The French, he pointed out, had a lower rate of heart disease, a higher life expectancy and a far lower rate of obesity than Americans - and no complexes about fat-free this or salt-free that. What is more, they managed this without any government agencies compiling food "pyramids" telling them what they should eat more or less of (meat at the apex, grains at the broad base), and without the "five servings" rule. This is the US government's advice - widely ignored unless "fries" (chips) are counted as vegetables - that says every adult should consume at least five servings of fruit and vegetables a day.
Nor was Prof Rozin alone in his concern. At a Washington symposium on dietary behaviour titled "Why we choose the foods we eat", sponsored by the US Department of Agriculture, one specialist after another lamented Americans' unhealthy eating habits, inveighing against everything from the sedentary lifestyle, fostered by the car, TV and the internet, to the culture of excess, as manifested in gargantuan restaurant portion sizes and supermarket packaging.
The composition of US meals also came in for criticism: the tendency to use processed food, the decline of the family meal, the increasing resort to fast food, and the gallons of "soda pop" with which it is all washed down. Repeatedly, the nutritionists noted the replacement of the dreaded fat by equally calorific sugar in supposedly healthy low-fat foods.
The potential harm of fat, they agreed, was one message that had been absorbed - so much so that in the past decade the whole diet had been skewed. Prof Rozin produced a survey of college students showing that 30 per cent believed that eating one teaspoonful of ice-cream was more harmful than consuming a pound of cottage cheese. He also showed slides demonstrating the difference between a typical American supermarket shelf, where there was scarcely a pot of plain yoghurt in sight, and a French one, where fat-free or low-fat varieties took up only a small part of the shelf. The question for the assembled experts was: what could, and should, be done?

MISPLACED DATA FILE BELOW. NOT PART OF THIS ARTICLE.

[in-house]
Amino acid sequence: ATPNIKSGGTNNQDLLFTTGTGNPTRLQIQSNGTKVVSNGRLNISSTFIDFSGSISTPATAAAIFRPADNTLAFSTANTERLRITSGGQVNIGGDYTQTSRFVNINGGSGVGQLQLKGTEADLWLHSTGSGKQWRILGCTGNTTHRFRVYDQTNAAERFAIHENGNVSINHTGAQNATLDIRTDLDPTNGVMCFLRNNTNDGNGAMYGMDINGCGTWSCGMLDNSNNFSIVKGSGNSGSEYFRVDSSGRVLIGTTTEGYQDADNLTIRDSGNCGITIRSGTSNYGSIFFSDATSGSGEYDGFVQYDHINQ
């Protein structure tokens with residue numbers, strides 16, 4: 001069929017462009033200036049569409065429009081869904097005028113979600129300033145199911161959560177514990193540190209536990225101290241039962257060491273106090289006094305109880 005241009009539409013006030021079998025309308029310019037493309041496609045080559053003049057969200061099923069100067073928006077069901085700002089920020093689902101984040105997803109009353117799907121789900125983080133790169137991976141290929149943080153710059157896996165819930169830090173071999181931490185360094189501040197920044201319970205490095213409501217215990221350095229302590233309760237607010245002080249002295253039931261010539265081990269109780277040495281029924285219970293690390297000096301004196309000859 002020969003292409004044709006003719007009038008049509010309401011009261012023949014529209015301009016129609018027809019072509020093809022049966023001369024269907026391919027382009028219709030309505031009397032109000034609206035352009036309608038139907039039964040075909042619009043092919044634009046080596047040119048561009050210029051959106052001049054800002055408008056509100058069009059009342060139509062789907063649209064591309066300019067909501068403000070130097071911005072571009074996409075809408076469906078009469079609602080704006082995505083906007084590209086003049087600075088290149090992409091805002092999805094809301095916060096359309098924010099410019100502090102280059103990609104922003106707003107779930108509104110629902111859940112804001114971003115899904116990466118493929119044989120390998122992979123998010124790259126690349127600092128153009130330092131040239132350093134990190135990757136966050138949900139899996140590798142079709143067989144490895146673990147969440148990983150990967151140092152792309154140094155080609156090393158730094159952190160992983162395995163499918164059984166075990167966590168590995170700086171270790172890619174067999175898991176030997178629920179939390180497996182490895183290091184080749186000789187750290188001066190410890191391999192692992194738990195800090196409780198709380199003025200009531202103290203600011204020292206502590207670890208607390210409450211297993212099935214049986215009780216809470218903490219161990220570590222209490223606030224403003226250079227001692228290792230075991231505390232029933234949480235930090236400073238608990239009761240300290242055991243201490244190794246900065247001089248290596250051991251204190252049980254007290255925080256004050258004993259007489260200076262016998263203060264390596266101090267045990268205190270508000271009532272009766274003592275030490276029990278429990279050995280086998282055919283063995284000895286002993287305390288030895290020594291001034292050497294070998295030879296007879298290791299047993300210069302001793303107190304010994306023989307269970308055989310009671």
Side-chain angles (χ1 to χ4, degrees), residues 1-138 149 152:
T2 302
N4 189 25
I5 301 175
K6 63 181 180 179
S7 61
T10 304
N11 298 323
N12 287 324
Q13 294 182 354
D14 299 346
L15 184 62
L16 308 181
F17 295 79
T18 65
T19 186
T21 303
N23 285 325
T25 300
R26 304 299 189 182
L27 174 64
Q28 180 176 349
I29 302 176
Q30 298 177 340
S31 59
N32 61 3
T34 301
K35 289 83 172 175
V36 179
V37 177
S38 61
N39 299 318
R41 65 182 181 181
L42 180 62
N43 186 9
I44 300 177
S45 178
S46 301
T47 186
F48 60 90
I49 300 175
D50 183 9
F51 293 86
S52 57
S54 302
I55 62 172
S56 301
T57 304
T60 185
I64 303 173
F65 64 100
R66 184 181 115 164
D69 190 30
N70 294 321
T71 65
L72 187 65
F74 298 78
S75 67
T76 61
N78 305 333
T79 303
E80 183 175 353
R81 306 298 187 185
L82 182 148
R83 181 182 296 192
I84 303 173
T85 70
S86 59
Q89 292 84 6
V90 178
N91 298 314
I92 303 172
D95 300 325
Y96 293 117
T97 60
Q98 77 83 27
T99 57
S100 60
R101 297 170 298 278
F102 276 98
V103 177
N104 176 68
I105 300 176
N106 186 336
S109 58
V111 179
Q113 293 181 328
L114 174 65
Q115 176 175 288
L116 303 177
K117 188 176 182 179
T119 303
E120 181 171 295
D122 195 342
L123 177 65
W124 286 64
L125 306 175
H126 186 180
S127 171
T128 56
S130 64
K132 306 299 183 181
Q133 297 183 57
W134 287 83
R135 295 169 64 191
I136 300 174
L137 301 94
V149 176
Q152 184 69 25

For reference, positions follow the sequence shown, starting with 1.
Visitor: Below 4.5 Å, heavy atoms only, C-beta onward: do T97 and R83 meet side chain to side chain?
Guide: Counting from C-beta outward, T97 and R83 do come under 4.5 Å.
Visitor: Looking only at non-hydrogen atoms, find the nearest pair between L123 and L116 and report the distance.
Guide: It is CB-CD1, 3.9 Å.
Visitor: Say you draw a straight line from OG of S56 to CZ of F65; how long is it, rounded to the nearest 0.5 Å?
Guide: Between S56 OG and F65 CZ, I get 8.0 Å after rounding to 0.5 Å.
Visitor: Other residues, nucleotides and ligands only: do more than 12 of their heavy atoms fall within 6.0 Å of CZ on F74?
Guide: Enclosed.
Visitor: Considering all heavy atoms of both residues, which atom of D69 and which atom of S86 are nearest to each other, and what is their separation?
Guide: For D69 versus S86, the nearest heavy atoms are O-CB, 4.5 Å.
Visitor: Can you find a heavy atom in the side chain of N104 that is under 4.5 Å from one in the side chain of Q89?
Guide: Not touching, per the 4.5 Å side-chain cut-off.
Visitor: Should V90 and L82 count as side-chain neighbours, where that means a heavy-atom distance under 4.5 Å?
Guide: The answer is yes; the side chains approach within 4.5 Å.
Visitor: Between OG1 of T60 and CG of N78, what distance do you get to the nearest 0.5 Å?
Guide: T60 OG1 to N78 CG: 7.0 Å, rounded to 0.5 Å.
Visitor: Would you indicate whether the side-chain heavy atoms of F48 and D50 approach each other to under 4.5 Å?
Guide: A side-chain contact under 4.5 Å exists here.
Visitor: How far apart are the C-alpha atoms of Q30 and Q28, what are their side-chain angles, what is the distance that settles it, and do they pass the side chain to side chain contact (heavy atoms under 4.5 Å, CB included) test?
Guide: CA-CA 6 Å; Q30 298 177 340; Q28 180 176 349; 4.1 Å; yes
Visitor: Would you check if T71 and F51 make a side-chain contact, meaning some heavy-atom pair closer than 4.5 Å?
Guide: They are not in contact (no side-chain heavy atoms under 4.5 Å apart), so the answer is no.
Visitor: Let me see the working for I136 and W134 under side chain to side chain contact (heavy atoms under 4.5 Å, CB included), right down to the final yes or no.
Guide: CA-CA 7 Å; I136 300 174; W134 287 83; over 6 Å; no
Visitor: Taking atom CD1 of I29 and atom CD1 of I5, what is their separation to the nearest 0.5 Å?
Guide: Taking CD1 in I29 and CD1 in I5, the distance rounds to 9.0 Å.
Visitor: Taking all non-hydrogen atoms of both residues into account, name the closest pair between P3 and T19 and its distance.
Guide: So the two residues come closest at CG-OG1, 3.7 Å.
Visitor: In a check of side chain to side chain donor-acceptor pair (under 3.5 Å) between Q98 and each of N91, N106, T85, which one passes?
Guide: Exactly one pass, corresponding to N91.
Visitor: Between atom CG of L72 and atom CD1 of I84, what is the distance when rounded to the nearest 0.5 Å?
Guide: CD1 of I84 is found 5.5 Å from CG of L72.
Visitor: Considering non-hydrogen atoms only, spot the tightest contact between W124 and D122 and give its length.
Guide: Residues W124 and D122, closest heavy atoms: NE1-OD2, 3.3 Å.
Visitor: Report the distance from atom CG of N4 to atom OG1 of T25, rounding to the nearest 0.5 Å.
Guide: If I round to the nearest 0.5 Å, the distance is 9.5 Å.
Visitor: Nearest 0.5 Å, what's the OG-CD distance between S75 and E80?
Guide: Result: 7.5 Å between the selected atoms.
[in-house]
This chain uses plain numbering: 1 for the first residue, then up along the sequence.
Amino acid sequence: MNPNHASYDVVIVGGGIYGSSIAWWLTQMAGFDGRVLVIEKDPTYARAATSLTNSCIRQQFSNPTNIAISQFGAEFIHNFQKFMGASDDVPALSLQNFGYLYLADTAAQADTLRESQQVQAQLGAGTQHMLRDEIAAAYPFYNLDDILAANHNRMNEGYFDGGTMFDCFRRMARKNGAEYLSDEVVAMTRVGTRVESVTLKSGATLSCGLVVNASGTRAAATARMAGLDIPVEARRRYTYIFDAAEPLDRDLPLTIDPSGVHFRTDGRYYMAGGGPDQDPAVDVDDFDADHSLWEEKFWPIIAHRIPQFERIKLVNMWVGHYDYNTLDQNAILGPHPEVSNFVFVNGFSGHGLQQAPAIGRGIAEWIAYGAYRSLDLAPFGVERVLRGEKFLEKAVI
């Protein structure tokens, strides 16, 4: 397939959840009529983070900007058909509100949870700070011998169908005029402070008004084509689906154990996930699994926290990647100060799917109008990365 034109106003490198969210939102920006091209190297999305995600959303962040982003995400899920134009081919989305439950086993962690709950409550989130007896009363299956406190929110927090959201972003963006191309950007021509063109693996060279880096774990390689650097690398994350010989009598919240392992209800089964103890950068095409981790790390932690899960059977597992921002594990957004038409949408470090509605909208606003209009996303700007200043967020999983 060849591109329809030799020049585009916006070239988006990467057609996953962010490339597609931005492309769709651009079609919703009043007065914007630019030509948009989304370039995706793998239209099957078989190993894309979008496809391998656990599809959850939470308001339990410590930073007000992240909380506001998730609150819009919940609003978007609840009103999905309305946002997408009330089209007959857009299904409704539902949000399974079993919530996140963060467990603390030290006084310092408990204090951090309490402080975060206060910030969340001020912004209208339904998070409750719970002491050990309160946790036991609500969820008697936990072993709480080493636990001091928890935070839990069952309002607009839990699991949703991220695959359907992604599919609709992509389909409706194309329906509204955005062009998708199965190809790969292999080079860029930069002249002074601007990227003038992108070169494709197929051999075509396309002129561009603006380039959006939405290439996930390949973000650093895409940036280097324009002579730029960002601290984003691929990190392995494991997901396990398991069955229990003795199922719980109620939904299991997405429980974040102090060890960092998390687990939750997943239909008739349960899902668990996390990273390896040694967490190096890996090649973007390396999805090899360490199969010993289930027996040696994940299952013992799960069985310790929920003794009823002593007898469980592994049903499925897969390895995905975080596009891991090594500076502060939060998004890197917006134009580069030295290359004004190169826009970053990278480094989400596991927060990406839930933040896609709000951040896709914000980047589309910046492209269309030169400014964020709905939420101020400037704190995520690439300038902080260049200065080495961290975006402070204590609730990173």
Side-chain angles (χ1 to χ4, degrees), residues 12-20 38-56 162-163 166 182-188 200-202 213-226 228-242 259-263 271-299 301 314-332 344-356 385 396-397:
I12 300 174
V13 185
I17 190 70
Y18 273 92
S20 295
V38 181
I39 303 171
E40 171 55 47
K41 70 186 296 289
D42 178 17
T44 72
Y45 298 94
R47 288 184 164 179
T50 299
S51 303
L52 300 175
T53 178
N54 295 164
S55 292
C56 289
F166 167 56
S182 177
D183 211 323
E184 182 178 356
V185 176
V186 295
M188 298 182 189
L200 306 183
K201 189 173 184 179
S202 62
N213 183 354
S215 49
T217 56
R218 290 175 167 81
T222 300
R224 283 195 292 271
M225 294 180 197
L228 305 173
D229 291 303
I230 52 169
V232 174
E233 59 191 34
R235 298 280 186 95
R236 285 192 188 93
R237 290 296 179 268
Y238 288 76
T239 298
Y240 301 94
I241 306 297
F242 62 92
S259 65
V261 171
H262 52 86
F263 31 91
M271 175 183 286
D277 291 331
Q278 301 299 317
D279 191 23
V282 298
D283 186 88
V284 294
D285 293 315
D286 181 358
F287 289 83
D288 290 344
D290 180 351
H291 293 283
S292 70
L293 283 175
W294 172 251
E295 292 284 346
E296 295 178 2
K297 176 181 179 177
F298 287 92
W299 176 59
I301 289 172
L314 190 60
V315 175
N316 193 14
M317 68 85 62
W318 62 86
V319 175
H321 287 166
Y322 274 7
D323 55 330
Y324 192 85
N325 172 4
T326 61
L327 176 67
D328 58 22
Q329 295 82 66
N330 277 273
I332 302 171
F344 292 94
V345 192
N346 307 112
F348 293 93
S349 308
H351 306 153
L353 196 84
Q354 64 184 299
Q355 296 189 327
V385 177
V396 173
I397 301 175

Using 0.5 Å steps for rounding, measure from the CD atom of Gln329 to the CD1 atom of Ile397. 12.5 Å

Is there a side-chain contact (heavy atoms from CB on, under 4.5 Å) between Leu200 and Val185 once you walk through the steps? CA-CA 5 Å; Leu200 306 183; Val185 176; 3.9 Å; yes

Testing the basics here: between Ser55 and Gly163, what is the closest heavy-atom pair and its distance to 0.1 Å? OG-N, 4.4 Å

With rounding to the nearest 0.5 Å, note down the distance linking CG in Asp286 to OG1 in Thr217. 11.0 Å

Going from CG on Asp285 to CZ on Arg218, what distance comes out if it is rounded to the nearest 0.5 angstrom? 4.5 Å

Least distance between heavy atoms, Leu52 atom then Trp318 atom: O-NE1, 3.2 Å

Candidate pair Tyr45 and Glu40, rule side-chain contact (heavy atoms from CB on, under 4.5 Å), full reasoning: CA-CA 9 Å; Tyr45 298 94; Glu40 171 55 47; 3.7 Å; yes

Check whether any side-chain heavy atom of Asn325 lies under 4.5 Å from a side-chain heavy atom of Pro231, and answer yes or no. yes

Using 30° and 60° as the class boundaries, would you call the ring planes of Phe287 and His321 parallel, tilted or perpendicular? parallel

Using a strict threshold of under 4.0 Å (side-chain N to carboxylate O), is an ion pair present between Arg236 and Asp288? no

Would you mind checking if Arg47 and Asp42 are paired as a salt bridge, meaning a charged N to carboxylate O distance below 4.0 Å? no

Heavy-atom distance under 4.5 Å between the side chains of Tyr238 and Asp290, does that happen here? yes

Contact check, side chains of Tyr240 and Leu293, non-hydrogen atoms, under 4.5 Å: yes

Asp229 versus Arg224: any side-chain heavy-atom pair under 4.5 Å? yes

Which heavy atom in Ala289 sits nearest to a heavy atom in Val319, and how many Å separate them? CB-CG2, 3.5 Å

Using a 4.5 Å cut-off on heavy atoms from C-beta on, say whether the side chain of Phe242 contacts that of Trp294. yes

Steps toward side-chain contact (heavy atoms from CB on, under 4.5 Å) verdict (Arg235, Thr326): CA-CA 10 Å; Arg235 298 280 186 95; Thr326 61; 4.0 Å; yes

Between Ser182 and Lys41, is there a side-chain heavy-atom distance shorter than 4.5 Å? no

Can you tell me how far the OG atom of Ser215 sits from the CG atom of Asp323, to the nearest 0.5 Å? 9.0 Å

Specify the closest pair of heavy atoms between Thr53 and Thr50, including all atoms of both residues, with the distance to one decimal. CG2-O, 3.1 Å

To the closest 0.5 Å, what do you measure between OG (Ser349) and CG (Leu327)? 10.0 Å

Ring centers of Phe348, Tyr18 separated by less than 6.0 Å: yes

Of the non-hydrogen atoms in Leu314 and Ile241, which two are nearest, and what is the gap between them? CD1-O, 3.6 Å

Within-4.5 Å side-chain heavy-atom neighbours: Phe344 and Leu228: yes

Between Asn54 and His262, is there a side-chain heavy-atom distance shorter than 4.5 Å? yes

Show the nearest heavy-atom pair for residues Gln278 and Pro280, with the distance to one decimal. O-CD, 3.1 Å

That a solution had to be found was taken as read. Just days before, the Journal of the American Medical Association (Jama) had published a series of studies tracking what one of the authors said was a veritable "epidemic" of obesity engulfing the US. In 1998, 37 states had an obesity rate of more than 15 per cent, compared with only four in 1991. Jama suggested that substantial changes in diet and lifestyle might be the only remedy.
Hard on the heels of that study came another rebuke from a quite different source. The doyenne of French cooking in the US, Julia Child, inaugurated a new 22-part TV series and an accompanying book by telling the New Yorker magazine that Americans had ruined their diet with their fanatical fear of fat. Now 87, and in robust health, Ms Child said their concern about getting fat had led them to conclude that "butter was dangerous, and eggs were dangerous and red meat was dangerous ... the press reported it and people believed it". The beef industry, she said, had been "ruined". "You can't get a marbled steak, even in top restaurants. The flavour and texture have gone out of the meat."
Ms Child probably has more chance of convincing fat-fearing Americans to change their habits through her forthcoming television series than do the experts. Their mood is grim, largely because they can see no solution acceptable to their compatriots short of a fail-safe stay-slim drug.
The diet specialists insist, probably correctly, that a majority of Americans know what they should be eating. The problem is that either they are too lazy to eat the right stuff or choose not to. "Is it possible," asked Prof Adam Drewnowski of the University of Washington in a final, wistful, contribution, "that French food affects a different area of the brain?" He cannot be the only American to hope that were true.